As much as tree evolution and adaptability is affected by selective pressure from the environment, we must not forget that trees have evolved communication processes over hundreds of millions of years which are more forgiving than playing life’s deadly experiments alone. Each tree produces hormones, (with evidence of many being undiscovered) and these molecules act as signals and allow communication with their selves and fellows in the area. Common science talks about 5 major hormones: auxin, cytokinin, gibberellins, abscisic acid and ethylene. These hormones switch on or off chemical pathways and affect responses not only by the type of hormone, but also by their concentration. In this way the same hormone may induce two different responses. And some of these responses are very interesting.
In 1979, David Rhoades, a zoologist at the University of Washington, was investigating the effect of tent caterpillar attacks on willow trees. He monitored two groups of trees in a field in Seattle, one with no caterpillars as a control, and the other infested. Two weeks later he plucked leaves from the infested tree and fed them to caterpillars in a laboratory and found that they grew slower than usual. What was interesting was that plucked leaves from the nearby control group of willows also inhibited caterpillar growth. The willows flood their leaves with unsavoury chemicals (normally phenolics) which discourage insect growth, however, this defence tactic had also been used by the control group, suggesting that communication must have happened via chemicals in the air from the infested tree. Since then similar results have been found with poplars and by using isolation chambers to have a third control which prevents diffusing molecules from being in contact with other trees, and with no resulting phenolic increase.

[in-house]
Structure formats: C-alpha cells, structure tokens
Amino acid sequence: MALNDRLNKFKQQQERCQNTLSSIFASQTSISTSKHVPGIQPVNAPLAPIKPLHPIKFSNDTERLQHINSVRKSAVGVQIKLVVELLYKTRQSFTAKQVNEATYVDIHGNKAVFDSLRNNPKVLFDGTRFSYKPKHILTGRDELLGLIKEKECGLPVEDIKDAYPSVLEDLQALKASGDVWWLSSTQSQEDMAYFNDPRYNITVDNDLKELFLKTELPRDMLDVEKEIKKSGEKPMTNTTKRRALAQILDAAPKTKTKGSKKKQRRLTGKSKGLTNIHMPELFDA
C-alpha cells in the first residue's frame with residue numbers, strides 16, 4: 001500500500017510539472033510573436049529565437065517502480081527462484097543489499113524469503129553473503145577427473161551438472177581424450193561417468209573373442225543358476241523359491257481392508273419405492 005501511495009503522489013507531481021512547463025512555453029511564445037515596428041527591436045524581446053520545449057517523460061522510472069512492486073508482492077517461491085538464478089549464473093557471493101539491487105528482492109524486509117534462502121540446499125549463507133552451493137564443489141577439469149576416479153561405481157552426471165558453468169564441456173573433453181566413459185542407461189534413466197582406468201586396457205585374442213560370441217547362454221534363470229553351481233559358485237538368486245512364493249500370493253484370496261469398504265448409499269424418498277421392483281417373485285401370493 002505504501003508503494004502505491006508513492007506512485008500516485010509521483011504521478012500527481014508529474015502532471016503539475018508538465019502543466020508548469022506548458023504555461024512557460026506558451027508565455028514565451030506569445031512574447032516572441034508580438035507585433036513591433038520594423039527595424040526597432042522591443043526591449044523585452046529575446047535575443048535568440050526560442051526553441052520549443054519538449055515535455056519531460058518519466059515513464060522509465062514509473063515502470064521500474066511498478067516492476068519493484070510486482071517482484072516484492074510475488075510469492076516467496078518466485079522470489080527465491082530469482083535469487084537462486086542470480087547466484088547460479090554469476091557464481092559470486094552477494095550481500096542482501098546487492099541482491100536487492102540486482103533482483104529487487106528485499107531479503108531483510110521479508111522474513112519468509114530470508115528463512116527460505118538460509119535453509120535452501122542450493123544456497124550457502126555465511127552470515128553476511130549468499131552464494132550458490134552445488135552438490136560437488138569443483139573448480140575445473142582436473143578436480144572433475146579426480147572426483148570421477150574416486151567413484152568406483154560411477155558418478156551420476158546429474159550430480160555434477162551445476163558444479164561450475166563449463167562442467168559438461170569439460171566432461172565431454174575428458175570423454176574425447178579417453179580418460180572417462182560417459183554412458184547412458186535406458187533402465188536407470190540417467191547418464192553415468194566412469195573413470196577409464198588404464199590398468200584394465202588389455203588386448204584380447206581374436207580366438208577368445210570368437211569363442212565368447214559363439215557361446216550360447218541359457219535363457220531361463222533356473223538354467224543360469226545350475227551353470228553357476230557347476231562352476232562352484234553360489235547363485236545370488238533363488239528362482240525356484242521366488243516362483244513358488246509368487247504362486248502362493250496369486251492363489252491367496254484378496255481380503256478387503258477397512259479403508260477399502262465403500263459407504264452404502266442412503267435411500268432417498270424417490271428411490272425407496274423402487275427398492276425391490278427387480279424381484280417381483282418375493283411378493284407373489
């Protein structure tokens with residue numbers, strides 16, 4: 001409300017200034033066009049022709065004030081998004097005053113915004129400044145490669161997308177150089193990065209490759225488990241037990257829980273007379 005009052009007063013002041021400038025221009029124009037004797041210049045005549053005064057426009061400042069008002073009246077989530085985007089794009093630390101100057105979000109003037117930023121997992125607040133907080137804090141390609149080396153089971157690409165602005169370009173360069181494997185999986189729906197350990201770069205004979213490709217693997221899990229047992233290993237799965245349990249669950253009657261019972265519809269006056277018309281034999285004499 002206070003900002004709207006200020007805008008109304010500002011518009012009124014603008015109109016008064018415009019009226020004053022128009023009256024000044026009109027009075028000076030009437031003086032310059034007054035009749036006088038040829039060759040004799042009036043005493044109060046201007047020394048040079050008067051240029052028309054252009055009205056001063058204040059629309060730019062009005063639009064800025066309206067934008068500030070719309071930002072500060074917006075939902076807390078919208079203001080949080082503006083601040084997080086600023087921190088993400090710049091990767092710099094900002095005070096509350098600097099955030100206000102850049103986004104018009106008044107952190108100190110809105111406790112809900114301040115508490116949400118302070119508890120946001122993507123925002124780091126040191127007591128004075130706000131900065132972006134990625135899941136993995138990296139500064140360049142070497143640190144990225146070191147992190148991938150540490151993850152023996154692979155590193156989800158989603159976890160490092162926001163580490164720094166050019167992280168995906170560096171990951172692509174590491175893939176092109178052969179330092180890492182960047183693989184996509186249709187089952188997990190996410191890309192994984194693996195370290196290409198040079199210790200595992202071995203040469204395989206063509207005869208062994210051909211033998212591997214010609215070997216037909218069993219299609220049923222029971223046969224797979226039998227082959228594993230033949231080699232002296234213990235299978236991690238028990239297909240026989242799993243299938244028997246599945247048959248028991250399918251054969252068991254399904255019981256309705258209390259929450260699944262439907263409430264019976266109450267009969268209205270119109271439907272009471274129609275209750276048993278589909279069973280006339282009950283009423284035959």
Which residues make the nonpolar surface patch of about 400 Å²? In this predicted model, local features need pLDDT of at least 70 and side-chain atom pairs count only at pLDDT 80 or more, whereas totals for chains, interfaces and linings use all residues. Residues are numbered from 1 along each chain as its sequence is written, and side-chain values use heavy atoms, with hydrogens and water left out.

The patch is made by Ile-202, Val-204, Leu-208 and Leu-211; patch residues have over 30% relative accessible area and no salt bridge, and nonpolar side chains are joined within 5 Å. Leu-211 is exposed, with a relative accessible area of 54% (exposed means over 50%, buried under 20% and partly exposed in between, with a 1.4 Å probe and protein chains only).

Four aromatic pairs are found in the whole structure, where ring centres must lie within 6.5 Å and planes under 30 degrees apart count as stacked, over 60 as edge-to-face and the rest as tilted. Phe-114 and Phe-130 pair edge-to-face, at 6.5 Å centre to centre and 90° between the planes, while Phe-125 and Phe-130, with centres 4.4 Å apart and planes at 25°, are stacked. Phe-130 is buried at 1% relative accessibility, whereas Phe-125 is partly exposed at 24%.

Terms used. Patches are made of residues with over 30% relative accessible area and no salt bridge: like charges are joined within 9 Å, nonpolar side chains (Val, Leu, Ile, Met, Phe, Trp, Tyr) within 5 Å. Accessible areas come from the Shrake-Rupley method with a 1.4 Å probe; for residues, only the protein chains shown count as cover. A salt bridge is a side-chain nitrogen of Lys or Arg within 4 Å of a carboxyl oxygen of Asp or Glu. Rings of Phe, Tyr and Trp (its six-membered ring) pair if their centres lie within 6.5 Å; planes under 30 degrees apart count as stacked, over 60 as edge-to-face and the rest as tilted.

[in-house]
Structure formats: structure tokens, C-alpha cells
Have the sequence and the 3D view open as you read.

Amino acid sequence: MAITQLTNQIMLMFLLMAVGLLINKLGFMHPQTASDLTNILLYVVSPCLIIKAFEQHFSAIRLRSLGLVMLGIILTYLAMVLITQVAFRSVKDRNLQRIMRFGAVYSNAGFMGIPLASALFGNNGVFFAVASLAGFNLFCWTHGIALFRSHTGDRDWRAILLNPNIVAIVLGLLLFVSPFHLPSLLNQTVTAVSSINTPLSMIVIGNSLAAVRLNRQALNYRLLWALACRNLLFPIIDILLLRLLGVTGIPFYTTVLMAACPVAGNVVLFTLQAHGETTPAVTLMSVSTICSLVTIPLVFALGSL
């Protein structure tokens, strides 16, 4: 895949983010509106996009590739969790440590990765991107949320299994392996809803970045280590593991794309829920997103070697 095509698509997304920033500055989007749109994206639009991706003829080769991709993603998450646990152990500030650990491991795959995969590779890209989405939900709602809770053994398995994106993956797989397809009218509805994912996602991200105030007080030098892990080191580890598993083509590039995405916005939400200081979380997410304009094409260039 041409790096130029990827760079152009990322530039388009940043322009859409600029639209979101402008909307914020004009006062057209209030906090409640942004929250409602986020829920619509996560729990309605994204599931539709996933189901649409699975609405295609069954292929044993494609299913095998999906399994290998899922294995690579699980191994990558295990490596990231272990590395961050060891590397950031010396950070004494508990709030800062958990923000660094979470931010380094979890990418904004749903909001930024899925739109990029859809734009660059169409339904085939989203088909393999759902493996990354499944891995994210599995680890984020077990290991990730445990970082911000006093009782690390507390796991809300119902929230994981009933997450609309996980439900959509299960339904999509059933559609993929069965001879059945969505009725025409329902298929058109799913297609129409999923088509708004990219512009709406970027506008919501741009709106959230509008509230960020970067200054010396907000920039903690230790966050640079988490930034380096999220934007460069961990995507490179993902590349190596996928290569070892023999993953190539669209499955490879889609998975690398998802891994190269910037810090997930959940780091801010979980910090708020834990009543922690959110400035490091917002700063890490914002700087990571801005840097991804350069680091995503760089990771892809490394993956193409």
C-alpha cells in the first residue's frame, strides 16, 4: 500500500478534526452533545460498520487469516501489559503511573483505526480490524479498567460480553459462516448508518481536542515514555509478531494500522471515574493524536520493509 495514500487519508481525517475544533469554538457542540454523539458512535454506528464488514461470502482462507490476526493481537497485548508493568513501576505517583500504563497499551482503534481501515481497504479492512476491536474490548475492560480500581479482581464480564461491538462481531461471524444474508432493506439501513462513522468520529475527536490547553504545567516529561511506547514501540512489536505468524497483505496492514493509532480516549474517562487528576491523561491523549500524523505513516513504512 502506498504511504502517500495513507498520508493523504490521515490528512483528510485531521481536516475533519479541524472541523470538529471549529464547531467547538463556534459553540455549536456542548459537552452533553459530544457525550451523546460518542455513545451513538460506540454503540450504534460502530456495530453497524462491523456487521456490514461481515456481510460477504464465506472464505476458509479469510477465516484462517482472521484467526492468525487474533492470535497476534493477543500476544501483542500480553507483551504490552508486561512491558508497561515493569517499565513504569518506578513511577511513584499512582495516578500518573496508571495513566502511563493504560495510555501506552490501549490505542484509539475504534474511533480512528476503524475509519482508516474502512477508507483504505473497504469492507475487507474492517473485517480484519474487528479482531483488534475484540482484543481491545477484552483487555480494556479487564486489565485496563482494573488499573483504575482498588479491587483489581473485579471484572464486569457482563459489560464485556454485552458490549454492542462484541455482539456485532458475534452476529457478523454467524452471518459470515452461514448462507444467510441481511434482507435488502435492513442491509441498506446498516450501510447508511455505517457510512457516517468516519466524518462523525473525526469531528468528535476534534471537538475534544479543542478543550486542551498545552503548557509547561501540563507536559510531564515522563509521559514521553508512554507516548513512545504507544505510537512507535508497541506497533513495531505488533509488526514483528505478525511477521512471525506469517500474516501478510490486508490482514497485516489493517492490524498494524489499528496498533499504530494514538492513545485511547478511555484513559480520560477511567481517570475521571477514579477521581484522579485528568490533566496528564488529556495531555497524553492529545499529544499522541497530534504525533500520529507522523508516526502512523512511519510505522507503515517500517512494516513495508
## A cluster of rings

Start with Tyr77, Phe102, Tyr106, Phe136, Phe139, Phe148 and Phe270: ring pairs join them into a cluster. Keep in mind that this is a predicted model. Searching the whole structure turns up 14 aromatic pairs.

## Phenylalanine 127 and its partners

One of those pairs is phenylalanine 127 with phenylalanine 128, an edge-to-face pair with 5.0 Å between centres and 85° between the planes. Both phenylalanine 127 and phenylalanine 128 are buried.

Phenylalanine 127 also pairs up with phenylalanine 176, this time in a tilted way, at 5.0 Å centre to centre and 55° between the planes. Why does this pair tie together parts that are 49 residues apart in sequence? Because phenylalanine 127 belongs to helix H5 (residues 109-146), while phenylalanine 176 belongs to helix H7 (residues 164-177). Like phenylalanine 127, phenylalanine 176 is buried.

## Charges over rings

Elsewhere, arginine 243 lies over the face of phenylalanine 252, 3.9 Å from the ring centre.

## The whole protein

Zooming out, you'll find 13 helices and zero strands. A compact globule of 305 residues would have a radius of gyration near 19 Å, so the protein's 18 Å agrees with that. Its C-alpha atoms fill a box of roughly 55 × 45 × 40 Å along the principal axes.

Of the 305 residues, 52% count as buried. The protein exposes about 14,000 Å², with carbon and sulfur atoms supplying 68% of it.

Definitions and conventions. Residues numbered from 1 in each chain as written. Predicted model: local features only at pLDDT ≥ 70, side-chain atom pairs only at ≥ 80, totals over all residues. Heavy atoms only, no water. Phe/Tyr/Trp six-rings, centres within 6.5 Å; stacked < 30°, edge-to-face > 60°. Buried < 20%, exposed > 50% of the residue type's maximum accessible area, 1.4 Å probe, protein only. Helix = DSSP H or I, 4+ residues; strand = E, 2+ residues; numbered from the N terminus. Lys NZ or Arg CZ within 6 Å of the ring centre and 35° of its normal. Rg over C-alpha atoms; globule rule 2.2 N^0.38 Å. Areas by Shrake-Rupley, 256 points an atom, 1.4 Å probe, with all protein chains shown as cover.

Unfortunately trees in urban environments are exposed to many more chemicals and hormonal communication can be somewhat confusing. Thus root growth may be mismatched to foliage growth, or early blooming may occur from unnatural local ethylene concentration. This is the price trees pay living with us until we can sufficiently increase our air quality. And this is a price they pay while they absorb carbon dioxide and provide us with oxygen, shade, and the natural beauty of their presence.